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Posted in Facts about Raising Rabbits | 4 comments

Things to keep in mind when building a rabbitry

Building a rabbitry that is easy to maintain and stands up well under daily use is vital when you set up your rabbitry. All wood hutches will show wear and tear quickly, and they’re absolutely the most difficult housing option for rabbits when you’re trying to keep them clean. You’ll end up replacing wooden parts of your hutches and rabbity very quickly if they are coming into contact with rabbit urine and feces. So although wire cages are more expensive when you get started, it’s usually well worth the cost just so you don’t end up having to do twice as much work on cleaning day.

When building your cages, keep in mind that rabbits need about 1 square foot of space for every pound that they weigh. Examples:

  • Small breeds —2 1/2 x 2 1/2 ft. = 6 1/4 sq. ft.
  • Medium breeds—2 1/2 x 3 ft. = 71/2 sq. ft.
  • Large breeds—2 1/2 x 4 ft. = 10 sq. ft. with at least 18 inches of head room.

Don’t crowd your doe into a small cage that will be overflowing when 8-10 bunnies join her. The place will fill up fast!  Also ensure that you can get your hands on the rabbit wherever it may try to hide in the cage. If it is too deep, the rabbit will run to the far corner out of your reach! Making the cage longer, not wider, will allow you easier access. Adult rabbits should always have their own cages to keep tensions low.

Twelve-gauge wire is recommend for rabbits, but 14-gauge will often get the job done just fine. As 24 Carrot Rabbitry figured out, 16-gauge, especially for floors, is not your friend.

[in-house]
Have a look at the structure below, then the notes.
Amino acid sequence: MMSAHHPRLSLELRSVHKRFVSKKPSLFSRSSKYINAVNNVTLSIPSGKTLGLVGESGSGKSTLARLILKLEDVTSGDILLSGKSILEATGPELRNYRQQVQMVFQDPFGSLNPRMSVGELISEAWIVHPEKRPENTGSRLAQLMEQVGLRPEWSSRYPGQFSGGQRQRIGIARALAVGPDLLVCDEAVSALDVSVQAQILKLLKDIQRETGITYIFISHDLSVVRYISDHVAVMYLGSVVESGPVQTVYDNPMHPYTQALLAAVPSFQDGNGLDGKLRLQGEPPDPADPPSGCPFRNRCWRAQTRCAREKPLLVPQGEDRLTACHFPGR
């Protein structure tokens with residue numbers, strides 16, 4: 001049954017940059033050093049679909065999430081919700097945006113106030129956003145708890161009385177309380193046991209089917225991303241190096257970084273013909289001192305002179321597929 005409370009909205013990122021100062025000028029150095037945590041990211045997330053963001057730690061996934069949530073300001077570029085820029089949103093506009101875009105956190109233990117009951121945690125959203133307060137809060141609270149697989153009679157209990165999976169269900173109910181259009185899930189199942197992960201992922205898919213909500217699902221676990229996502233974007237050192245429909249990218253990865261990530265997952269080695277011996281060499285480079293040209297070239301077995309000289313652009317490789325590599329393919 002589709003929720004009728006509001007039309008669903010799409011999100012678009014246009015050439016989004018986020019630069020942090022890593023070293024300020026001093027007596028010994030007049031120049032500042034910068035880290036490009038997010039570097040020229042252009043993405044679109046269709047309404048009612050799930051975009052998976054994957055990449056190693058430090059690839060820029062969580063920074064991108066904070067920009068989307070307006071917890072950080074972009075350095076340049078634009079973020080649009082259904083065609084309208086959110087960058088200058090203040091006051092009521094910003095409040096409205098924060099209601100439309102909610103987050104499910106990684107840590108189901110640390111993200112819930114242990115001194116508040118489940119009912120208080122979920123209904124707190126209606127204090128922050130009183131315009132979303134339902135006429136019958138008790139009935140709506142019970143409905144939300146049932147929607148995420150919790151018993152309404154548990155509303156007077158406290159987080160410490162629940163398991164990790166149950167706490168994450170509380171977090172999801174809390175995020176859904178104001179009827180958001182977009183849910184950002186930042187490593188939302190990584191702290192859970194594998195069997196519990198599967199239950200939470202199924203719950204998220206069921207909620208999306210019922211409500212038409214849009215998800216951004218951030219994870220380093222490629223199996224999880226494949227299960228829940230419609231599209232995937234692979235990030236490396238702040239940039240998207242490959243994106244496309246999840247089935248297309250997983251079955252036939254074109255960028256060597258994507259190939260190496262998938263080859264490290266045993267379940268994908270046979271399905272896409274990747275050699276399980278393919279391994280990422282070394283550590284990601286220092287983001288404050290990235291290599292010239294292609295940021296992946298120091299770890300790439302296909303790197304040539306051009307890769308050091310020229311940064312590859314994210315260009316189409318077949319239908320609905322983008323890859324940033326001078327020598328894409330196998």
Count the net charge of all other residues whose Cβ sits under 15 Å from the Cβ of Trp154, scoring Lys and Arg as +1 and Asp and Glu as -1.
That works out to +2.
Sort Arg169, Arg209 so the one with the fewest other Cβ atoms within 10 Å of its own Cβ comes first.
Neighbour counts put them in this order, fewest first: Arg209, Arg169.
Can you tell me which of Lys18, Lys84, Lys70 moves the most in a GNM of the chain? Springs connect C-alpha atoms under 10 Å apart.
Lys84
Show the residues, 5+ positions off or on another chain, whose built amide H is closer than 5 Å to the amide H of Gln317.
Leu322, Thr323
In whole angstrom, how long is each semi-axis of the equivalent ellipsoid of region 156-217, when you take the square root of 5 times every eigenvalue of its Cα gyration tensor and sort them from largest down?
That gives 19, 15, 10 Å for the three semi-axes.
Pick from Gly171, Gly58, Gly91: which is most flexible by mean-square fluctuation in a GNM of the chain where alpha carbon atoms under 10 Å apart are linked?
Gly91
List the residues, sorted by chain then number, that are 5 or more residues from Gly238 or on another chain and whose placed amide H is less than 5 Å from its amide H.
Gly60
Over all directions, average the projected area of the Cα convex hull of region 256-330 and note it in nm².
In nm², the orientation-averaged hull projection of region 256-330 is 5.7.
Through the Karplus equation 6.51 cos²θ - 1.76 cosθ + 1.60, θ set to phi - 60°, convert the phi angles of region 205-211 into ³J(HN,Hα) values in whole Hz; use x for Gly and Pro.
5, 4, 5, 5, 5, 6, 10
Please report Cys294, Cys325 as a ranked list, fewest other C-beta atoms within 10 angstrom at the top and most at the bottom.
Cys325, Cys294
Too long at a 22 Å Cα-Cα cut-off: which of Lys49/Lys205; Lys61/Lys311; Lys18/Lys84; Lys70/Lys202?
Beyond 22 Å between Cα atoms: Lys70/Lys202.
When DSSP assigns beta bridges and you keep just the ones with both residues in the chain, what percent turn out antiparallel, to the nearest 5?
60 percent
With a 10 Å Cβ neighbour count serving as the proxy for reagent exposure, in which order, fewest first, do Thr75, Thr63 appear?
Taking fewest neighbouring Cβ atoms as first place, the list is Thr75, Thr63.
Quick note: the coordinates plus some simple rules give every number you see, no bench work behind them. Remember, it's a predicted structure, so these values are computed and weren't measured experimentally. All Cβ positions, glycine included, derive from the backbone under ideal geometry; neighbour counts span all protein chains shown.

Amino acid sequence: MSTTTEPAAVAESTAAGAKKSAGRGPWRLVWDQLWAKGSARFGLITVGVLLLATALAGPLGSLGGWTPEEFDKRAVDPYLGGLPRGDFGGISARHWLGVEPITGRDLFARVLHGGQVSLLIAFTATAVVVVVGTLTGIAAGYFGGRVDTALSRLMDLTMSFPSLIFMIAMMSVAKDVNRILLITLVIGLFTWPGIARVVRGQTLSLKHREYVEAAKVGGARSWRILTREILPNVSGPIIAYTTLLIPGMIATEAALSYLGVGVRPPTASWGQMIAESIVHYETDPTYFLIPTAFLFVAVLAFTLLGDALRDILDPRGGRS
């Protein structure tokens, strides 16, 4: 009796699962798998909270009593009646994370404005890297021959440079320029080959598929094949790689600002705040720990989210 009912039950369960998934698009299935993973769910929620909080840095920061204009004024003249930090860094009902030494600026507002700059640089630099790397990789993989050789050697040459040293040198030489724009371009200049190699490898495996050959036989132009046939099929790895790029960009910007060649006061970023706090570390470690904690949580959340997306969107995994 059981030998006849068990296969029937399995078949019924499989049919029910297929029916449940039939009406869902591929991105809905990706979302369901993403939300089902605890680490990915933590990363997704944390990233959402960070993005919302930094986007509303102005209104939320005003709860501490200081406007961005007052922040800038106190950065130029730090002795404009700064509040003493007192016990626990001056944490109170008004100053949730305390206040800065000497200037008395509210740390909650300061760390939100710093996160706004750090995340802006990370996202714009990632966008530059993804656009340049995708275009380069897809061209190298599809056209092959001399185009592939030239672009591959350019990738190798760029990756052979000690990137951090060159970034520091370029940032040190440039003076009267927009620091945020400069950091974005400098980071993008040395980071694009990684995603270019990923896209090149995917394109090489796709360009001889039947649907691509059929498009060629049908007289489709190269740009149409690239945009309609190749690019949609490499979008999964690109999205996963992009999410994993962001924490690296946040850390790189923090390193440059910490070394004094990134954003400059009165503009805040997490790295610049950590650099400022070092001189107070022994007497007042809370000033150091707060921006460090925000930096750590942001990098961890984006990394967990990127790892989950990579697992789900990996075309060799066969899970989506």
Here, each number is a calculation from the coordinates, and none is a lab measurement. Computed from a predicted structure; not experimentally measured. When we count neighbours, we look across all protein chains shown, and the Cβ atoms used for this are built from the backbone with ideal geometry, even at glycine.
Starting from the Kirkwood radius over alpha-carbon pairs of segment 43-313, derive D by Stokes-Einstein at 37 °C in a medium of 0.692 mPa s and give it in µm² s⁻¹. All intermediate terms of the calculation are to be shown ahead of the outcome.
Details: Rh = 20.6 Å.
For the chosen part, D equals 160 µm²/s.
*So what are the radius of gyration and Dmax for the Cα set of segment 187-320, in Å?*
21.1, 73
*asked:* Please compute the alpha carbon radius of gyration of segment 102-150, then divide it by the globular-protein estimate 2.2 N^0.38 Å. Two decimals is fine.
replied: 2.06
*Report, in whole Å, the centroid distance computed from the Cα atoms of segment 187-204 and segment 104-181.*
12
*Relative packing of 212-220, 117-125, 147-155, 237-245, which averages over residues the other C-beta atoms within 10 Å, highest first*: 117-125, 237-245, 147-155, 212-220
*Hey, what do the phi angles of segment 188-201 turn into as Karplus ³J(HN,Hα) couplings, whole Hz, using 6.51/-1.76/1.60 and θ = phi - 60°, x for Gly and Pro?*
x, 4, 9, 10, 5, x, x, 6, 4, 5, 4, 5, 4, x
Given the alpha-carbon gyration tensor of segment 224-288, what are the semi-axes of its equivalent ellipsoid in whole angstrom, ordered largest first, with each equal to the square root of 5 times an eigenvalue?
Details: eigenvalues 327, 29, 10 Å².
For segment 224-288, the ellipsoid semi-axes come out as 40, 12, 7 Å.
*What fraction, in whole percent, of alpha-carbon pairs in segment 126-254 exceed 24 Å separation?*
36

Don’t use 16-gauge floors. They bow between J-clips, and the whole floor bows, giving you even less cleaning clearance. We even had one wire break. We didn’t have problems just in growout cages, but even in the buck’s cage. It’s just not strong enough, unless maybe you’re raising dwarf rabbits.

Poultry mesh is not suitable for cages because the rabbits may chew on it, injuring their teeth. They may also find ways to pry underneath it with their nose, freeing themselves.

View a great list of 5 things to keep in mind about rabbit cages that the folks at 24 Carrot Rabbitry learned after building their first rabbitry just one-and-a-half years ago. They also mention some great information about rabbitry housing suppliers and who they’d recommend doing business with.

You can also check out their entire renovation process which really was very involved. But I’m sure all that hard work is going to pay off. And how cute are their rabbits?!

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  • http://rabbittalk.com/blogs/24carrot/ Miss M

    Thank you for your kind words! :) When we first built the rabbitry, we expected to have a few minor issues to address since it was our first one. We did not foresee the large overhaul that would be coming only 18 months later.

    I have visited your site several times, but this is the first time I’ve commented. It’s to the point, and informative.

  • http://www.raisingrabbitsebook.com Tiffany

    Thank you so much for stopping by! I think your post was super informative and useful for anyone building their first rabbitry. I hope that you guys have a lot of success down the road!

  • http://www.godawgy.com Michael

    I am constructing a rabbit cage from PVC pipe. That is not so unusual. What is unusual is that I am constructing the floor from PVC pipes. I have left spacing of 5/8 ” to allow for the feces to drop. The cleaning and maintenance will be easy. I will report back as I go.

  • http://www.raisingrabbitsebook.com Tiffany

    Sounds like a good idea, Michael, and I’ve heard of a few people that have used this sort of method with success. So I hope you’ve had lots of success with your rabbitry so far!